Watched Midnight in Paris the other night, and when I first watched it I thought it was great, etc, etc, but after watching it the more I thought about it, the more my thoughts just seem to flail at not liking it. I mean, at first I liked it a lot because it involved the Lost Generation and the Surrealists and all those people and things that were part of heroes and idols when I was a teenager and was just beginning to cement my own writing and style and etc. But the more the movie went on, the more flawed it became and it made me really miss the old Annie Hall and Manhattan and Midsummer Night’s Sex Comedy and all those other films.
That’s not to say it’s bad, because it’s not. But at times it seems to contradict itself. The main character is screenwriter for Hollywood but hates it and calls it schlock with pap endings and wants to be a novelist. Yet, the movie follows and almost predictable Hollywood romantic comedy plot structure, to the point of having a shrew of a fiance (who cheats on him, because, you know I guess we need a moral reason to not like her or something) and parents /soon to be in laws that are mean and cruel and hate the main character.
The tea party jokes were good, pointed square at the parents, and the humor was good but not Allen’s best, and Owen Wilson is great at a character that other actors might make into a Woody Allen impression, which he avoids and instead gives the character a wide-eyed gee gosh shucks small town optimism that flavors his character well and lets him deliver lines in a way that never misses a comedy beat. The main problems, though, come with parts I loved when I first saw it. The main character goes to the past to meet literary idols/surrealists/etc, but they all seem to exist primarily for his benefit. It feels a tad Mary Sue and in that I was kinda disappointed. It does dodge some classic Romantic Comedy send ups, but in the end the desire for him to return home grow as a person and etc and leave behind the fallacy of the past all felt too much like the main character being forced to grow up somehow that happens in so many of these movies, and the stock characters of the wife and family and…ergh.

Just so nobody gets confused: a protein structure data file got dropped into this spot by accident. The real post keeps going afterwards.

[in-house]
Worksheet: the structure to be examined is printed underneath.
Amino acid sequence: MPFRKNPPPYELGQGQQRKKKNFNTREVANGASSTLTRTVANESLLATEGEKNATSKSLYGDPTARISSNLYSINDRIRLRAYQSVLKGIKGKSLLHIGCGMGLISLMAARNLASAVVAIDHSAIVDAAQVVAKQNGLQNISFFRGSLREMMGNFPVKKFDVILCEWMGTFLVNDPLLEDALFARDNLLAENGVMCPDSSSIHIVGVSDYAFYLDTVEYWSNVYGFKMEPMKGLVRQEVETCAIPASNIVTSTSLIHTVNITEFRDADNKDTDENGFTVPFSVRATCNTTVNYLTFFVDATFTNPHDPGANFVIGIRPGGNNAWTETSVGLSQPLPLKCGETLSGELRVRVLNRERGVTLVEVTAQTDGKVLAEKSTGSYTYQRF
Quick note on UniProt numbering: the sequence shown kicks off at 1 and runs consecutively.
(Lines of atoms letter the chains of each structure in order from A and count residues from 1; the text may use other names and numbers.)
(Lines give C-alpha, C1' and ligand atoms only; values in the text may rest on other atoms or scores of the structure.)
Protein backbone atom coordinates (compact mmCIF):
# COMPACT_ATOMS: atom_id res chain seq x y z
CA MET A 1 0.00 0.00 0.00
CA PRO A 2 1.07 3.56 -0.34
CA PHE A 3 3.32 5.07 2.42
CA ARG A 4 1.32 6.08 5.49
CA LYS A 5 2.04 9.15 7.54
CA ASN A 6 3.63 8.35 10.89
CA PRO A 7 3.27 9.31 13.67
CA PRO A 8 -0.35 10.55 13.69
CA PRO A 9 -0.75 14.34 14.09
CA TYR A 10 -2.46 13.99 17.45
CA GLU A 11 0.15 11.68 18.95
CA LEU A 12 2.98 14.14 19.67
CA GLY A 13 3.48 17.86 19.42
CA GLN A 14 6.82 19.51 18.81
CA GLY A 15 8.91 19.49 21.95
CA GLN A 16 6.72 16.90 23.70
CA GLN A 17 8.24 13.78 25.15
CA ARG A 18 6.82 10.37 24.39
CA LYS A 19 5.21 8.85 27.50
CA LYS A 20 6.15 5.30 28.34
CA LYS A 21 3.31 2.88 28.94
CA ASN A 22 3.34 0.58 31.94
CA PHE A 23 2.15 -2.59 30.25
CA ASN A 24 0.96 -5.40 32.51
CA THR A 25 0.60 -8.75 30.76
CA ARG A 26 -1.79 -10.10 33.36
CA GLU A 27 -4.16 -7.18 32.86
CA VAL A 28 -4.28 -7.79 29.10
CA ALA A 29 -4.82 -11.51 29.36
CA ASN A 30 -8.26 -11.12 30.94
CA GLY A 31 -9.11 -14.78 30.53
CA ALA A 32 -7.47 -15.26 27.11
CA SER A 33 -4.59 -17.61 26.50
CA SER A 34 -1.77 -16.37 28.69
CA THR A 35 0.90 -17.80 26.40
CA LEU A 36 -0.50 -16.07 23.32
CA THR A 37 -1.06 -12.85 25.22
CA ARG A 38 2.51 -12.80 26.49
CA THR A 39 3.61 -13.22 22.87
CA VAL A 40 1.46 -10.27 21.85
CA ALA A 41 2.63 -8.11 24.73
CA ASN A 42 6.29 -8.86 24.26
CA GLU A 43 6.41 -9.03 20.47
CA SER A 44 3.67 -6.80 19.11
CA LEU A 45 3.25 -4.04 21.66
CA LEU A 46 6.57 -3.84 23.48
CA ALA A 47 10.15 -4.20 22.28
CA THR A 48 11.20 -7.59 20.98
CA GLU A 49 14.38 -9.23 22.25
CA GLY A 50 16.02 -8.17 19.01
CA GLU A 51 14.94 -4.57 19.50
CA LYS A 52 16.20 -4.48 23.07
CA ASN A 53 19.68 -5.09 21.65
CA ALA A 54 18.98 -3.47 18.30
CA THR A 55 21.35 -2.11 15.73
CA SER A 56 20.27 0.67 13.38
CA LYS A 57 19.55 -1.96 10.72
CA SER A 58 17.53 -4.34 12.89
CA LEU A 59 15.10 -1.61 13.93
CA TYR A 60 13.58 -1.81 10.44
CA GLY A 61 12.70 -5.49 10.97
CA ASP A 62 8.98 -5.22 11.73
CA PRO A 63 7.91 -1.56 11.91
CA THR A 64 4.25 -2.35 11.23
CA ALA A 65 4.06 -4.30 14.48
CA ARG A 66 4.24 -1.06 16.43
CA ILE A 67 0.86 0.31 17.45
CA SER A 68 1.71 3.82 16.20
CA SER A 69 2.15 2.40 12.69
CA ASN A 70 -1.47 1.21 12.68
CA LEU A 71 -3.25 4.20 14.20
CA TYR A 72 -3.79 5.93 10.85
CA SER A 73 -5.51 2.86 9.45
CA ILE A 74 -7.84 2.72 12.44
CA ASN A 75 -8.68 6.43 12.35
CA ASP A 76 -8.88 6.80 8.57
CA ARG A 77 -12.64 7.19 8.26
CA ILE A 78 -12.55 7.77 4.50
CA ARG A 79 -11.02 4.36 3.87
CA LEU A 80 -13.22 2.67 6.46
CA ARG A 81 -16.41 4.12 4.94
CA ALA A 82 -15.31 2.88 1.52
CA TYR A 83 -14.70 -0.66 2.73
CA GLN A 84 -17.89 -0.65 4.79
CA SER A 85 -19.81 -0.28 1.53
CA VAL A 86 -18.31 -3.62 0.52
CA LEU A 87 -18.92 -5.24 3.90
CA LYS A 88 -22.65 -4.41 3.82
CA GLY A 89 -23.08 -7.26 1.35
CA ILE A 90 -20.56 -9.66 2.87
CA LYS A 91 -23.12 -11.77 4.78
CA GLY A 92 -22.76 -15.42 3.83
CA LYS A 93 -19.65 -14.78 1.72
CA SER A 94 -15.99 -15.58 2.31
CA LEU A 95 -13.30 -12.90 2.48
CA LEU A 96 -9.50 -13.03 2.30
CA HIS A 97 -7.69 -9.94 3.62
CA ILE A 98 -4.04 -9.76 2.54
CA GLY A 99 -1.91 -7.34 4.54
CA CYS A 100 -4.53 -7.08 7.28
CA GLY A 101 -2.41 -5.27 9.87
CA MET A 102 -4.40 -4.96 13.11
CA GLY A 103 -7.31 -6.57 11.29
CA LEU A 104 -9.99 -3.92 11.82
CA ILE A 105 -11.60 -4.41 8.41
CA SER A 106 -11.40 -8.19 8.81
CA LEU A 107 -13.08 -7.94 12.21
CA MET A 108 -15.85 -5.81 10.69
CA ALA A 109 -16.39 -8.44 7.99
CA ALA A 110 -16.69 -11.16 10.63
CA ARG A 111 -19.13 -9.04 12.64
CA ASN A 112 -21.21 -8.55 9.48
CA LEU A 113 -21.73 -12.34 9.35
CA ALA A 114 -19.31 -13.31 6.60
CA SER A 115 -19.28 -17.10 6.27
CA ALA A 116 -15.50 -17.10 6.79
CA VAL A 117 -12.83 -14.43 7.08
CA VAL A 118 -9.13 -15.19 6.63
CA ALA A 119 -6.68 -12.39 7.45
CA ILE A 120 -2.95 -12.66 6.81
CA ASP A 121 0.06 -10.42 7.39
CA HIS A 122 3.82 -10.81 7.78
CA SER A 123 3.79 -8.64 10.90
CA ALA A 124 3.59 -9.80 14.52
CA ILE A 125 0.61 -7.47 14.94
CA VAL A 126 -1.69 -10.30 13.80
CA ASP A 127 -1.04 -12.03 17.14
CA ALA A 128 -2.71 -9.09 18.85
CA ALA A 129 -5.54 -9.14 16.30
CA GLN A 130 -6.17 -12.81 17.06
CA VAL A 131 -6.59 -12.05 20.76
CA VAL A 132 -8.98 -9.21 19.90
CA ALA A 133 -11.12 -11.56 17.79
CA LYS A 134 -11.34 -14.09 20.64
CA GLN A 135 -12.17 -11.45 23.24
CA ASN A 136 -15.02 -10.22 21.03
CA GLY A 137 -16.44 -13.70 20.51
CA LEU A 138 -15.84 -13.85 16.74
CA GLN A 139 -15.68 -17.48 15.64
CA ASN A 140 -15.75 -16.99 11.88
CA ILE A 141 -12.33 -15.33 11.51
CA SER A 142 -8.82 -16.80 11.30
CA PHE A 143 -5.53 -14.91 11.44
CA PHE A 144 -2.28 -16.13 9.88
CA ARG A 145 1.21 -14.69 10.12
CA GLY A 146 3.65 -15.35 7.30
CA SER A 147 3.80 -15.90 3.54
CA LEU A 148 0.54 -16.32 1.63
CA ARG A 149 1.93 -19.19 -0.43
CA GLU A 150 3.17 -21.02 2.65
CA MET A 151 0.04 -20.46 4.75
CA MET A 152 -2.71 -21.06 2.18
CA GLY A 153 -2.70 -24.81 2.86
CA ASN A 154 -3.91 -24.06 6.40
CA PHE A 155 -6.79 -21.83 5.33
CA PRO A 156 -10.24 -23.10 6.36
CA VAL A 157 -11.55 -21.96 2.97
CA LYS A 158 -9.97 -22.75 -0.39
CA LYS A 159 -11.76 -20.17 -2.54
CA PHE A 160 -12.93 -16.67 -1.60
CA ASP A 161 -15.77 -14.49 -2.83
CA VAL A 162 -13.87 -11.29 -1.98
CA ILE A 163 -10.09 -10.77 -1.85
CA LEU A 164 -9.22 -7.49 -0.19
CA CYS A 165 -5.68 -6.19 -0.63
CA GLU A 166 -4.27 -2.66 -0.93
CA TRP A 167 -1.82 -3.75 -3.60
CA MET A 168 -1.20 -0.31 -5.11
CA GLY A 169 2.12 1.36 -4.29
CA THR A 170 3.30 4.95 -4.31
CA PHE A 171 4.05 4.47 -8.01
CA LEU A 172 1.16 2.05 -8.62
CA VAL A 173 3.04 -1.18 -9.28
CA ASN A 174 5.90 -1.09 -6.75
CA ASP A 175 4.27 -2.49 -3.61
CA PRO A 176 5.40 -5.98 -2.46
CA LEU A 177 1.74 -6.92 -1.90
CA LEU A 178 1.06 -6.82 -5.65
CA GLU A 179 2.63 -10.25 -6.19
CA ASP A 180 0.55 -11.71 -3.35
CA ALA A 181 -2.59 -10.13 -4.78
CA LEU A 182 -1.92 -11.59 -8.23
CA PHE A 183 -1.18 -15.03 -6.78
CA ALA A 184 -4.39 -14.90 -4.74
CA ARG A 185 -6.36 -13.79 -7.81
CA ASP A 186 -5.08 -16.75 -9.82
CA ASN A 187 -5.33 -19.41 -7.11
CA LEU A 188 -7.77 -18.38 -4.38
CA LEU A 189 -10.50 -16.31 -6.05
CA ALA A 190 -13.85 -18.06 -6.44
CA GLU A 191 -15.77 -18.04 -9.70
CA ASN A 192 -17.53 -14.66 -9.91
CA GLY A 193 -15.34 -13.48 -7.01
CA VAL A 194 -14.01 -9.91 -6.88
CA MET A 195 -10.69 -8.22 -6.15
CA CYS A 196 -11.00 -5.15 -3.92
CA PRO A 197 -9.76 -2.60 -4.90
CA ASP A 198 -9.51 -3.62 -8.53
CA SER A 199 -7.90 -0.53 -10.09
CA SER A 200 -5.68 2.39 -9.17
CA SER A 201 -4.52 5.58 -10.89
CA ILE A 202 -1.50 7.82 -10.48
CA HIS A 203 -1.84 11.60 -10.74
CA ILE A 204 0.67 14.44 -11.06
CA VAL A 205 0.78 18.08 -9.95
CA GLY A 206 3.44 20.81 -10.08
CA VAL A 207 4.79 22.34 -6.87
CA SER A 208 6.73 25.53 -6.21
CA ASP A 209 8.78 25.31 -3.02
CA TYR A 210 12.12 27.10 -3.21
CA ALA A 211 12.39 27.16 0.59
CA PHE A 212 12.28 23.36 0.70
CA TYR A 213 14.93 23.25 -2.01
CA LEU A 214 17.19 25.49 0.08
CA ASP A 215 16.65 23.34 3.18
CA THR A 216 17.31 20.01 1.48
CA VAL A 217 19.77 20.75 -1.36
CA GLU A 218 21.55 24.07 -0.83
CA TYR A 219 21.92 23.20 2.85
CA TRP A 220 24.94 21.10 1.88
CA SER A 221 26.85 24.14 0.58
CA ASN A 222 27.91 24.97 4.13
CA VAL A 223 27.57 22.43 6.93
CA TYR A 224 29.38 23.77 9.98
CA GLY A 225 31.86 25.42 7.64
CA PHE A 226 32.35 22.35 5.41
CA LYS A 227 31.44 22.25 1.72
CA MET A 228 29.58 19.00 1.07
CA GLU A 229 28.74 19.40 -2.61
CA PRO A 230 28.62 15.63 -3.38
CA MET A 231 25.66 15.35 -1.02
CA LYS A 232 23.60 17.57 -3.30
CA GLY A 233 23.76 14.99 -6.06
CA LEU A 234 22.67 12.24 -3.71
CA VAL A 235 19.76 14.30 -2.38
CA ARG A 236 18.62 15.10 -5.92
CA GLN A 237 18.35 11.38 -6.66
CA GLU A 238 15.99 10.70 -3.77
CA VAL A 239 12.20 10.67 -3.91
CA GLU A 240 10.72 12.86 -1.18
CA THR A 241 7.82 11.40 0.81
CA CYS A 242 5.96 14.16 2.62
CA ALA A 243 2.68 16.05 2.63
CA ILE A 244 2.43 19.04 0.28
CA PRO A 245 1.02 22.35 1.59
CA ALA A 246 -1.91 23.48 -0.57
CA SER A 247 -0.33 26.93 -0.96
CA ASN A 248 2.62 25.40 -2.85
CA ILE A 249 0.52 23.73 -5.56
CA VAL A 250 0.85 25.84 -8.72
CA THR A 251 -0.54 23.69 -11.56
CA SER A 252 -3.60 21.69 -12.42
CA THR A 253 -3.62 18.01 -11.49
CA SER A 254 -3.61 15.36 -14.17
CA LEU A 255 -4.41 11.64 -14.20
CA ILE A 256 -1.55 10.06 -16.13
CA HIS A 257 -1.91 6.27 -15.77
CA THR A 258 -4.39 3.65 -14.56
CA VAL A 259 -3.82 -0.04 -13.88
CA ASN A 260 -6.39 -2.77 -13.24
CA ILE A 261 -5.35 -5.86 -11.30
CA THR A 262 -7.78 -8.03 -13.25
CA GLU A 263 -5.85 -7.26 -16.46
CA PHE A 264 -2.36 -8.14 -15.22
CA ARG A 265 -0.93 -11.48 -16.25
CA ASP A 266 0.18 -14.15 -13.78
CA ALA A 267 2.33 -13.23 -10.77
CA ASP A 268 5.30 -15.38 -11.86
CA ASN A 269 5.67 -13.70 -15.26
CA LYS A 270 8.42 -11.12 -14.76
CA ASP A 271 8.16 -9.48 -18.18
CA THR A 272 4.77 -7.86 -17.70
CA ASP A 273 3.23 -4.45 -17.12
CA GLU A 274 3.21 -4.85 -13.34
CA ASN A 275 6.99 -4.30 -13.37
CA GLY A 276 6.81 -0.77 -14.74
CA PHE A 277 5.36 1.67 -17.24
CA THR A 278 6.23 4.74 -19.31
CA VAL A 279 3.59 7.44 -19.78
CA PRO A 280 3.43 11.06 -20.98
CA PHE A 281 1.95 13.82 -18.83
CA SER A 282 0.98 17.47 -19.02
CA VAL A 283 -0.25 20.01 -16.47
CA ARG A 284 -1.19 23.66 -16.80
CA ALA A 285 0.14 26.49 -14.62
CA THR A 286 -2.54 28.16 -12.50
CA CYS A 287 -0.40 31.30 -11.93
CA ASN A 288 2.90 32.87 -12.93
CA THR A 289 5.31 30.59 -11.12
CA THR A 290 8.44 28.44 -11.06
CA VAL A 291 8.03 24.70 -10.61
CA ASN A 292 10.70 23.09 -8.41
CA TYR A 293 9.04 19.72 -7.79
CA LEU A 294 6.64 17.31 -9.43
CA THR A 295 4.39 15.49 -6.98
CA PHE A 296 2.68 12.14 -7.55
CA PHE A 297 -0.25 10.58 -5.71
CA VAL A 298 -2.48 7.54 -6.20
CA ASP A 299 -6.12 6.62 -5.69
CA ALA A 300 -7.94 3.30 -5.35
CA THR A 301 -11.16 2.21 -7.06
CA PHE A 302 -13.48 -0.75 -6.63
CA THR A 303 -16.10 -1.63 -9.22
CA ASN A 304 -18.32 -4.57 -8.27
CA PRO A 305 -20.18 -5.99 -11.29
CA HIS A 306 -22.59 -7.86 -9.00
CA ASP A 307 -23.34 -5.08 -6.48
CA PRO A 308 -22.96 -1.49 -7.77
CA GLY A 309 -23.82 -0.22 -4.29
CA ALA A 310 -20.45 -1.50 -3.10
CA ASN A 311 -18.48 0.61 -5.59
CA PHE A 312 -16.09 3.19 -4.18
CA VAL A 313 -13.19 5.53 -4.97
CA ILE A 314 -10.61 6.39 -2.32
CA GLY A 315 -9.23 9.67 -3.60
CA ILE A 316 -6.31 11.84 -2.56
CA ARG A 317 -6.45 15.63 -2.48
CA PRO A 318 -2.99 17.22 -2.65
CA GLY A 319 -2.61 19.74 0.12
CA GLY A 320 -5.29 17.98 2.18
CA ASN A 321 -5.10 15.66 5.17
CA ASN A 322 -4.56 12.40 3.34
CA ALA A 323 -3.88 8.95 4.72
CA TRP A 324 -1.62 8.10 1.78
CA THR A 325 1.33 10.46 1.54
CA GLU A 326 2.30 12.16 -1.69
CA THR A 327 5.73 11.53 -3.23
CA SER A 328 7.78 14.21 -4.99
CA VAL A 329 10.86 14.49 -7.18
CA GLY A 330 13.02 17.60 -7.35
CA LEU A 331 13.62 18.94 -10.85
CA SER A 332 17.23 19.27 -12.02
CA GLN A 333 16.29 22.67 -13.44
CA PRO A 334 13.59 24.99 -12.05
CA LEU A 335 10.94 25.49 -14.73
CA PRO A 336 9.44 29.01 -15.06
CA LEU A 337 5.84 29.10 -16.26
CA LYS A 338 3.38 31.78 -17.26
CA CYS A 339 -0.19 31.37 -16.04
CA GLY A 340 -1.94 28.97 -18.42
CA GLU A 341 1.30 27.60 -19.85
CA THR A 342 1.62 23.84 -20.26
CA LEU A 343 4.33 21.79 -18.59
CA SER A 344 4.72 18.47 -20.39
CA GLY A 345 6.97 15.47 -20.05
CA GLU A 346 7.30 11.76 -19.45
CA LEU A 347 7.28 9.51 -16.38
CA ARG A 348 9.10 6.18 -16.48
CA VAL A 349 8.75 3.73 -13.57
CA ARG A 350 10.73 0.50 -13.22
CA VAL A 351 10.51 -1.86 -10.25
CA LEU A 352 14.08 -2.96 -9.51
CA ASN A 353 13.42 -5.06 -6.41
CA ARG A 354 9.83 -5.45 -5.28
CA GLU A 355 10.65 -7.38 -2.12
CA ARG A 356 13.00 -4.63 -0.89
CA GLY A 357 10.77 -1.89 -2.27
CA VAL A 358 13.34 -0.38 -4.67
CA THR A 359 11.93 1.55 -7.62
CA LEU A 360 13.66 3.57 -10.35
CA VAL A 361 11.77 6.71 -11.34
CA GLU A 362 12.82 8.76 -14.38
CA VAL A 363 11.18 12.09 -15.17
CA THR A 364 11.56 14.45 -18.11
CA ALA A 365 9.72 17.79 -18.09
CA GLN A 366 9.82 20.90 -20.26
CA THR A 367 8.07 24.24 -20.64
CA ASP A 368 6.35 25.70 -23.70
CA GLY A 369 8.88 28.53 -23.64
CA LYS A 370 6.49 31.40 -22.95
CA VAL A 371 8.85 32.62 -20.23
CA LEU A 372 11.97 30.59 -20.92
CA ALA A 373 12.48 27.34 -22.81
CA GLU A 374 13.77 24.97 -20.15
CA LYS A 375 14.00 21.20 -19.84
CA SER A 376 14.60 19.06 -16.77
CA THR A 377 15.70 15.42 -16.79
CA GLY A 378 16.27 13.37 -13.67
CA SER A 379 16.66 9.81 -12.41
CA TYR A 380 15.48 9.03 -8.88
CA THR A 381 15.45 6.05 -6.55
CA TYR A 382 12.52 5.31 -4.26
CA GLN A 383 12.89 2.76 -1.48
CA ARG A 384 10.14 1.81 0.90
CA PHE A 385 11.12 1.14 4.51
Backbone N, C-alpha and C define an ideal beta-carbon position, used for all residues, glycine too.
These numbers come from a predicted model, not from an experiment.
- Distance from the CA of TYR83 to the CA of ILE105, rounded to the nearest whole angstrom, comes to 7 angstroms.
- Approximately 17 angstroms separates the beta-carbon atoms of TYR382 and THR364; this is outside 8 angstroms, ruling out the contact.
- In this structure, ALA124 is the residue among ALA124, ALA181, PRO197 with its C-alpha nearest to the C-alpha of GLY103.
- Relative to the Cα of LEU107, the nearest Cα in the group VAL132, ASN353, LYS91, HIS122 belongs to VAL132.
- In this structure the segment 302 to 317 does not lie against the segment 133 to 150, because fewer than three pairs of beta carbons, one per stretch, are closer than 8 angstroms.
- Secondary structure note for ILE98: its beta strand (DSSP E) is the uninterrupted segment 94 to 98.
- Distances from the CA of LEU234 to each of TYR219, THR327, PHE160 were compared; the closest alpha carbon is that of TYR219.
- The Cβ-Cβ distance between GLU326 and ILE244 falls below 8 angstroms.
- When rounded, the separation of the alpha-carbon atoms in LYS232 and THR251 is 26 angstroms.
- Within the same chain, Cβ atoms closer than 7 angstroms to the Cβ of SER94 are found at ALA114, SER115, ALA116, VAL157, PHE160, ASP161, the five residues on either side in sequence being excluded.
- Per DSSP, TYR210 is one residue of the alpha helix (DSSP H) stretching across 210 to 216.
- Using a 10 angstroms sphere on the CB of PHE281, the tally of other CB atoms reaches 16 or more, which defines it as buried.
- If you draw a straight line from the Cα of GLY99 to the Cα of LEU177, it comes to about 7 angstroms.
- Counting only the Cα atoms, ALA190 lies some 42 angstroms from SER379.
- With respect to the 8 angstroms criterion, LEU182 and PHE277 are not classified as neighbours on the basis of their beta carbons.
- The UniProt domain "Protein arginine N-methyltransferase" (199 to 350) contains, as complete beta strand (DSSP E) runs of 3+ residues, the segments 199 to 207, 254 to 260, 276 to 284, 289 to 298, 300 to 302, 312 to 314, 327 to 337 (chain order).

Although it was great seeing a stock Woody Allen character- the pedantic know it all psuedo-intellectual that all the woman in the movie seem to fall for for some reason or another. This felt like a classic return to the intellectual Woody Allen in those aspects, where the humor was smart humor and not slapstick and it was nice seeing that on screen again. And those parts are what shined the best, with a lot of lines coming out of Owen Wilson’s mouth calling back to older Woody Allen films.
So yeah it was mixed for me because it was too safe in too many spots for me. And for some reason this whole thing gets me thinking about Annie Hall, which is so classic, and knowing that it originally revolved around a murder mystery that was edited out . It’s crazy to think that there is something like that, hiding in the background of the film, that there is in the crevices of this movie another movie with darker undertones in it that never seep through the cracks.